"There has been a noticeable increase in diversity of students and faculty over the last decade at Oswego State, according toa recently released academic affairs annual report.
"Oswego State currently employs 63 people who are classified as underrepresented or non-U.S. citizens, compared to 44 of these employees in 2001. That equates to a 43 percent increase in global and ethnic staff over the past nine years. There was also a significant increase in the number of students that have classified themselves as underrepresented, making this year’s incoming class the most diverse that Oswego has ever seen. Nine hundred and ninety six incoming students fall into this category, which is a 42 percent increase from 2000. This is due mostly to the changing demographics of New York state and an increased recruitment effort in downstate New York.
"Interim Provost Lorrie Clemo said diversity is essential to the campus’ learning environment, and has been increasing dramatically as a result of a strategic plan spanning three years. Increasing diversity has become a higher institutional priority. Making an effort to do so, the university has reviewed the curriculum and offered international opportunities in new formats. Diversity provides different perspectives, adds to the vibrancy of the campus and is a critical experience for students, Clemo said.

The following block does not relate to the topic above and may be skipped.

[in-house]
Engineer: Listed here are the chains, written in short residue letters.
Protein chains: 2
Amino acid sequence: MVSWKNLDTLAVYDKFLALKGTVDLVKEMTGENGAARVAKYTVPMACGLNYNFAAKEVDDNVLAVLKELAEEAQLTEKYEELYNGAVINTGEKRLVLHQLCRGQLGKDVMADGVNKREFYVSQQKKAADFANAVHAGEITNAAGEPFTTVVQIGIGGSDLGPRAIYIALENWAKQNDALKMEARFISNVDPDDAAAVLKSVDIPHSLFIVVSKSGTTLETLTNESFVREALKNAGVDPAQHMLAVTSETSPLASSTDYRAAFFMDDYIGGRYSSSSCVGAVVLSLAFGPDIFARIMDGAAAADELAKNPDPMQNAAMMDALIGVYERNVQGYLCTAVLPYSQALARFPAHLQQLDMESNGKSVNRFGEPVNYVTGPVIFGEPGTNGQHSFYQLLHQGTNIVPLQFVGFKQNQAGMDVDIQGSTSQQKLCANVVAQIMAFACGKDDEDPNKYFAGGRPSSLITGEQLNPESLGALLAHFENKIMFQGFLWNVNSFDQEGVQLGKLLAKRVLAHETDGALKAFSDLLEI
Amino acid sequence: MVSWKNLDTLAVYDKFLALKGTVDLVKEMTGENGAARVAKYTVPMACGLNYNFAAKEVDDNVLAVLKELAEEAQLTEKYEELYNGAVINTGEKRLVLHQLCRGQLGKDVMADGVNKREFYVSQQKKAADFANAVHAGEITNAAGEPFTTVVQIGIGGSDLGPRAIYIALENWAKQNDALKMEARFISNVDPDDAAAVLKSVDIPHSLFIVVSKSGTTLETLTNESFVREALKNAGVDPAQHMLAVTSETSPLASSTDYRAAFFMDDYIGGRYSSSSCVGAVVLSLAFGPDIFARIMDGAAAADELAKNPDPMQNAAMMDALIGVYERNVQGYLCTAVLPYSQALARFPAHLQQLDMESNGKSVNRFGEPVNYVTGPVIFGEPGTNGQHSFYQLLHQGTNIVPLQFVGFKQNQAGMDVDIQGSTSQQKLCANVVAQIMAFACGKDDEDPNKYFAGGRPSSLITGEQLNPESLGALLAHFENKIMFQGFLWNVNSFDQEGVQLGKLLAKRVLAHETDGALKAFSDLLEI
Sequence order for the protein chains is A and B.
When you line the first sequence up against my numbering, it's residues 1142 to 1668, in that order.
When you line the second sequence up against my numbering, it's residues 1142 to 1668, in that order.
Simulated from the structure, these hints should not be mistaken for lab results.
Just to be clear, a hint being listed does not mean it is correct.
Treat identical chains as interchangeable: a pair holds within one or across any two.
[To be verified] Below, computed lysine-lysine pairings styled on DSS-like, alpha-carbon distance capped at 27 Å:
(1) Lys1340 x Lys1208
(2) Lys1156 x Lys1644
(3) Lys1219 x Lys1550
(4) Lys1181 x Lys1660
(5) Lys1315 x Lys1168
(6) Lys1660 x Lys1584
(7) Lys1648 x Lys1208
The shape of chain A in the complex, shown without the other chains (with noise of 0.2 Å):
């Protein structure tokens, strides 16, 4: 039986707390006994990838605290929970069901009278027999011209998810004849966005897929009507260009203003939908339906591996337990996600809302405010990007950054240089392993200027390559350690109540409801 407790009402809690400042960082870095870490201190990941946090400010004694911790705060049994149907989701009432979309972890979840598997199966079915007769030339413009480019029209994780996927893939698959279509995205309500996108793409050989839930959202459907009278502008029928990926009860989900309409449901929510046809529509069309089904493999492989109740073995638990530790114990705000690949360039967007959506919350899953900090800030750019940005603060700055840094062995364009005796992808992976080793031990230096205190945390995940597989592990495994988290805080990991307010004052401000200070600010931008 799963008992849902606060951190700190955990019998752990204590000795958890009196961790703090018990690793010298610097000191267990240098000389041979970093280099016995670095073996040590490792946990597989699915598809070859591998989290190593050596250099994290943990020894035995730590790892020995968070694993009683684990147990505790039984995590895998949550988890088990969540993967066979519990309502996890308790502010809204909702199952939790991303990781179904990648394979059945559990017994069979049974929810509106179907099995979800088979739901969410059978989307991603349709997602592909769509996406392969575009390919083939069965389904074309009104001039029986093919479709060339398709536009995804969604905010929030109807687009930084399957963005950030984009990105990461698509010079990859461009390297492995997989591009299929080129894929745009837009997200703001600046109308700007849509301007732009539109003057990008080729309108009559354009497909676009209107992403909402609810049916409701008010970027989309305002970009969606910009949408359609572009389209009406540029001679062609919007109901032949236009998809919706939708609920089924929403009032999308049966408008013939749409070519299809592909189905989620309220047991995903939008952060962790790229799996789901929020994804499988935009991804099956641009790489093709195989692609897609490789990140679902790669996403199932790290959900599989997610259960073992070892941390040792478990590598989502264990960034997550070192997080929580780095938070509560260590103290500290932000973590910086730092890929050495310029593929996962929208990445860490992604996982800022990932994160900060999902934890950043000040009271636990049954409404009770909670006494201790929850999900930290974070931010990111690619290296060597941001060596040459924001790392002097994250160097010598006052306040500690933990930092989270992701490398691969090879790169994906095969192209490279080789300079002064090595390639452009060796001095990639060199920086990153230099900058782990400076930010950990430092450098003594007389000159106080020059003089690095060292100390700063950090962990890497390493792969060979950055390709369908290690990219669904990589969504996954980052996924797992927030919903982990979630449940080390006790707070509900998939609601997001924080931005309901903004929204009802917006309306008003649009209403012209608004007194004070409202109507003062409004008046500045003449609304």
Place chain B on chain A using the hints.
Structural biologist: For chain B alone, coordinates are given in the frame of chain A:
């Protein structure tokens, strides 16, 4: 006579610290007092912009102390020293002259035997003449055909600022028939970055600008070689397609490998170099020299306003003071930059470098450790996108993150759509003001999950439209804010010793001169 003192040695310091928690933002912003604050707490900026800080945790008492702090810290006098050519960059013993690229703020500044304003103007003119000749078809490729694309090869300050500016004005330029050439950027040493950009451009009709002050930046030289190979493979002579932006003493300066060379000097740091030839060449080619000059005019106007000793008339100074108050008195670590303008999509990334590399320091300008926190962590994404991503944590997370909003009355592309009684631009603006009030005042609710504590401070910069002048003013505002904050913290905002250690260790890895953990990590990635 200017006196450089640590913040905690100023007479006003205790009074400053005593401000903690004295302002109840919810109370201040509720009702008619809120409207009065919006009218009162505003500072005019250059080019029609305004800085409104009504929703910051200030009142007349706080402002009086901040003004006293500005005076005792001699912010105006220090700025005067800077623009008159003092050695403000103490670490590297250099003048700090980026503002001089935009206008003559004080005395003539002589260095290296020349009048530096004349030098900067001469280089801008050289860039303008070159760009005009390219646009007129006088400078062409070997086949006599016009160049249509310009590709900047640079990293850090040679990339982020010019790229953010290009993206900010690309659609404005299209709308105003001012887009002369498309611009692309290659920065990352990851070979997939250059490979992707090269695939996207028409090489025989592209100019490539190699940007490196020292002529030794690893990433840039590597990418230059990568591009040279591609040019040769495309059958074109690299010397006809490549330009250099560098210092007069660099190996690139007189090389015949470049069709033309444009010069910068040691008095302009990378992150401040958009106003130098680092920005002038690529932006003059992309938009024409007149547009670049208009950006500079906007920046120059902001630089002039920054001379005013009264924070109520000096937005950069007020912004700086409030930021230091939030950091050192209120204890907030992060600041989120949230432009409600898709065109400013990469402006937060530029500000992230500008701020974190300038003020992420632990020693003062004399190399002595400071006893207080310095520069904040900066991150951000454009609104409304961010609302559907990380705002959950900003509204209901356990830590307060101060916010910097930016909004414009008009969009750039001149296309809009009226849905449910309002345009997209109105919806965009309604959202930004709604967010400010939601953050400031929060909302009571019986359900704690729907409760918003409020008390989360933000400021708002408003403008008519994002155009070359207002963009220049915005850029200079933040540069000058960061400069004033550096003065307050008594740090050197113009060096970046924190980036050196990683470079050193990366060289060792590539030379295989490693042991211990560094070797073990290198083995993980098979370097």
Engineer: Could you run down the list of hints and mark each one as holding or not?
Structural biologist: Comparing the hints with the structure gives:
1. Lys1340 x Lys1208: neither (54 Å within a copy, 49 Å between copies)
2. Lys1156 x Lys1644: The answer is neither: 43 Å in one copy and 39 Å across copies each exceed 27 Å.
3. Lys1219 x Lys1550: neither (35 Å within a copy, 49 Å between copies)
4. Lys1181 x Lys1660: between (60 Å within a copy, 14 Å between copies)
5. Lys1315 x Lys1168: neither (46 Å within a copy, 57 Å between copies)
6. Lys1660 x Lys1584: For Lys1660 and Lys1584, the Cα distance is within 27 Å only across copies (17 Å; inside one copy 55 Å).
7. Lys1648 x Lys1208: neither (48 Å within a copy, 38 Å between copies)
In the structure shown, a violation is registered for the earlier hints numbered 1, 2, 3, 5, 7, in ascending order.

""[The increase] has been very deliberate on our part," said Clemo.
"It is a legal requirement that Oswego State hires a certain amount of diverse staff, said Steven Abraham of the marketing and management department. Since Oswego State receives federal funding, it is under federal contract; therefore the university is legally bound to hire international faculty and staff.
"Associate Professor of chemistry Webe Kadima received a $200,000 national science fund grant to study how to increase the number of women in the field of sciences. A committee has been formed and will work for the next two years on this research. Clemo said this is a great indication of Oswego State’s early success in diversity and that the school is ahead of the curve.
""We want to make sure that we’re preparing our students for the life that they’re going to be living in the 21st century," Clemo said.